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Why Sweet Vicious Kicks Arse in More Ways Than One

Let’s face it, 2016 was an absolute mess of a year. The only clear survivor to not be affected by all the death and impending destruction was television. It rose above all the nonsense and brought us shows like Westworld, Stranger Things, Preacherit gave us the best it had to offer to remind us we can always numb ourselves to the pain of real life. Amongst all the amazing productions, one of the shows that has slipped under the radar is MTV’s Sweet Vicious.

Created by writer Jennifer Kaytin Robinson, the series is described by the MTV network as an “offbeat superhero story for the millennial generation.” And yet it is so much more than that.

‘Sweet Vicious’. Source.

The premise of the show centralises on female leads Jules Thomas (played by Eliza Bennett) and Ophelia Mayer (played by Taylor Dearden)—two college students that have secretly become vigilantes in order to take on rapists who have been terrorising females on campus.

Robinson told E! News back in November when the first episode aired:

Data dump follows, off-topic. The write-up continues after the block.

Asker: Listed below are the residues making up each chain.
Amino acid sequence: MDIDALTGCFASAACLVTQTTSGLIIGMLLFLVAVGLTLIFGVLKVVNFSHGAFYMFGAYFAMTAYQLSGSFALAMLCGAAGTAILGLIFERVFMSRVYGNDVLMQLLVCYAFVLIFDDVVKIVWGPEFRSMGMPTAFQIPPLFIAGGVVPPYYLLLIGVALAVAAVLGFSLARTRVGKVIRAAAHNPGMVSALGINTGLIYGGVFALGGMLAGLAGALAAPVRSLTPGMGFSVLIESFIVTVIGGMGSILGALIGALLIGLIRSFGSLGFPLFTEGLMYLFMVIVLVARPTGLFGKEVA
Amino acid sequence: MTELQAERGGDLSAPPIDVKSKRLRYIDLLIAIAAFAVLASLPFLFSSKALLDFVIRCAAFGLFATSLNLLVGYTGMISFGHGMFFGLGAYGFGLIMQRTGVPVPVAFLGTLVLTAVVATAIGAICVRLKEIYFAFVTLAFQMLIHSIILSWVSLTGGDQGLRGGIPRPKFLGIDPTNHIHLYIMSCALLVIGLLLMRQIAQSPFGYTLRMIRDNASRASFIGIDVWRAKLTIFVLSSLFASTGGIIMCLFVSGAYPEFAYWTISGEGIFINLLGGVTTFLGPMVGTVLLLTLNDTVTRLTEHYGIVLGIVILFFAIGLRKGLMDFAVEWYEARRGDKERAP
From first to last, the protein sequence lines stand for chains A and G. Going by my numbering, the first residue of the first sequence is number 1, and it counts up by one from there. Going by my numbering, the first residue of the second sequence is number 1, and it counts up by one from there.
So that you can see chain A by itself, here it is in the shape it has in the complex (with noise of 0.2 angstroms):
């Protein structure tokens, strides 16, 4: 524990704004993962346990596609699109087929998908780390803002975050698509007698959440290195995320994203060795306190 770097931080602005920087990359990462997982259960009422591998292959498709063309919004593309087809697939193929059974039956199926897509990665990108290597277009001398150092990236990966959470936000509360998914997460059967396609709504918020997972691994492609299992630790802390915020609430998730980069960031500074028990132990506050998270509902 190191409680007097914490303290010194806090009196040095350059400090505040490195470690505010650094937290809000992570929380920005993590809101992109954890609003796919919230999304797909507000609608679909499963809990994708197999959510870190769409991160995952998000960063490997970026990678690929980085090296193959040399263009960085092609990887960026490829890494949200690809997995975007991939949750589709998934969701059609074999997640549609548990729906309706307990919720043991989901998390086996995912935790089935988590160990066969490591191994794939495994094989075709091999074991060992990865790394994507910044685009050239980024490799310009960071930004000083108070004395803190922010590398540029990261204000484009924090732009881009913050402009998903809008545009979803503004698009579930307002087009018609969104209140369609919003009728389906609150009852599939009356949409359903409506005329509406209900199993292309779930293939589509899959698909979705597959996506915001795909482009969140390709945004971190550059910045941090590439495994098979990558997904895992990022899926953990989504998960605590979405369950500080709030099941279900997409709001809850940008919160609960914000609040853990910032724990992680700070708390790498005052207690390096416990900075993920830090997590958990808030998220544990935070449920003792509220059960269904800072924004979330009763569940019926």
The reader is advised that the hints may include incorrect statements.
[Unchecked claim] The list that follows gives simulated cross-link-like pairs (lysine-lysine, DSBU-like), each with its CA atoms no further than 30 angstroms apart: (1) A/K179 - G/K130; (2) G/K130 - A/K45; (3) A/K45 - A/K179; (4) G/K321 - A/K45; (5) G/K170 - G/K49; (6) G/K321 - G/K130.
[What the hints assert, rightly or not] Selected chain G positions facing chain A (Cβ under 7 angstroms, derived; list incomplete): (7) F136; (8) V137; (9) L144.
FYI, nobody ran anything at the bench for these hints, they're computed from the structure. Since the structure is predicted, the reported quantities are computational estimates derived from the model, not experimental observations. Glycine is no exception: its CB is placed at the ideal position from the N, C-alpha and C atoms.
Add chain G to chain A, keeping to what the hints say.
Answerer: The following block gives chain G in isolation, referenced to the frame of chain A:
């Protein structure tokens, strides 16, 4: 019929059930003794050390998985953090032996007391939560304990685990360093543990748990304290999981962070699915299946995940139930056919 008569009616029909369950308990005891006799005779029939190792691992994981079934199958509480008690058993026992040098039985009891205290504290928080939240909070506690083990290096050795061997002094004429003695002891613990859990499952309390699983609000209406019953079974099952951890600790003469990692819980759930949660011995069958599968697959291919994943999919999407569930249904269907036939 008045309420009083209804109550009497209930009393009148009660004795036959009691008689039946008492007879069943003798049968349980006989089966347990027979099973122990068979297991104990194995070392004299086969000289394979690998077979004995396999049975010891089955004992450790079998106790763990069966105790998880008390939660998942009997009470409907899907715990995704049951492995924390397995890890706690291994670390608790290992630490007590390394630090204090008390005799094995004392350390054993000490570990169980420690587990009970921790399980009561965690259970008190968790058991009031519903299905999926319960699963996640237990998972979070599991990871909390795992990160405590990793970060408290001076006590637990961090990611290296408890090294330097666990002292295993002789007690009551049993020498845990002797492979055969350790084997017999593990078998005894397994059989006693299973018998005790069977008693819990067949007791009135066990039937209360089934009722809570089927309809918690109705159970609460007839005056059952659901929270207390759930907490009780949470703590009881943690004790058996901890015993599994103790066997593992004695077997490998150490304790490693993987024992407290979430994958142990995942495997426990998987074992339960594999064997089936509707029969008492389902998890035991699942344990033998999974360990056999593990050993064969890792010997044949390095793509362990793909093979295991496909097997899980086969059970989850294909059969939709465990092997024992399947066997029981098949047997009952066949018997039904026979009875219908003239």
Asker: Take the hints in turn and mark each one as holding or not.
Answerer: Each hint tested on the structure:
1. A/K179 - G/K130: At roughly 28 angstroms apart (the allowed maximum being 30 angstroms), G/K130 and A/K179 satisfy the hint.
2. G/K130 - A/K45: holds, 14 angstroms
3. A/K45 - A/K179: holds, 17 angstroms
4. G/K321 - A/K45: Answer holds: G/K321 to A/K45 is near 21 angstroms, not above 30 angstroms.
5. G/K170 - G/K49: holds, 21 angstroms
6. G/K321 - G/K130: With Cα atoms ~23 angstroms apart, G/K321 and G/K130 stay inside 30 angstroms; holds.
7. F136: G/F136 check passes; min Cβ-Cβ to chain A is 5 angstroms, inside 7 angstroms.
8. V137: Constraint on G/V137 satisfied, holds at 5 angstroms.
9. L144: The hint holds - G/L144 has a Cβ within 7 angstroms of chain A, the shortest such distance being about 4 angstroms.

“I really wanted to write a story for and about empowered women, and women who were strong but could also be broken at the same time and to showcase that on television so that other women didn’t feel alone.”

Eliza Bennett and Taylor Dearden get even on Sweet Vicious. source.

It’s because of this very reason the production stands alone as one of the most confronting and truthful accounts of sexual assault currently on television. Bennett’s character struggles to come to terms with the fact she is a victim of rape, trying to overcome her issues by becoming a role model for women at her college.

Dearden’s character witnesses the injustice happening around her and wants to be part of the solution even if that means getting violent. Despite their short list of accomplishments, Bennett and Dearden provide emotional and moving performances, bringing these issues to the forefront of younger generations. Interweaved in the show’s plot, police and campus officers are portrayed as the bad guys who stand by and do nothing about the growing issue.

‘Sweet Vicious’. Source.

According to CNBC, a report in September 2016 released by the Association of American Universities, nearly 1 in 4 college women say they’ve been sexually assaulted before they’ve even graduated. The alarming statistics were based on responses of around 150,000 students at 27 top universities.

Sweet Vicious doesn’t shy away from exploring the darkest aspects of rape culture, and the fact that it’s vastly becoming a synonymous issue in universities around the world.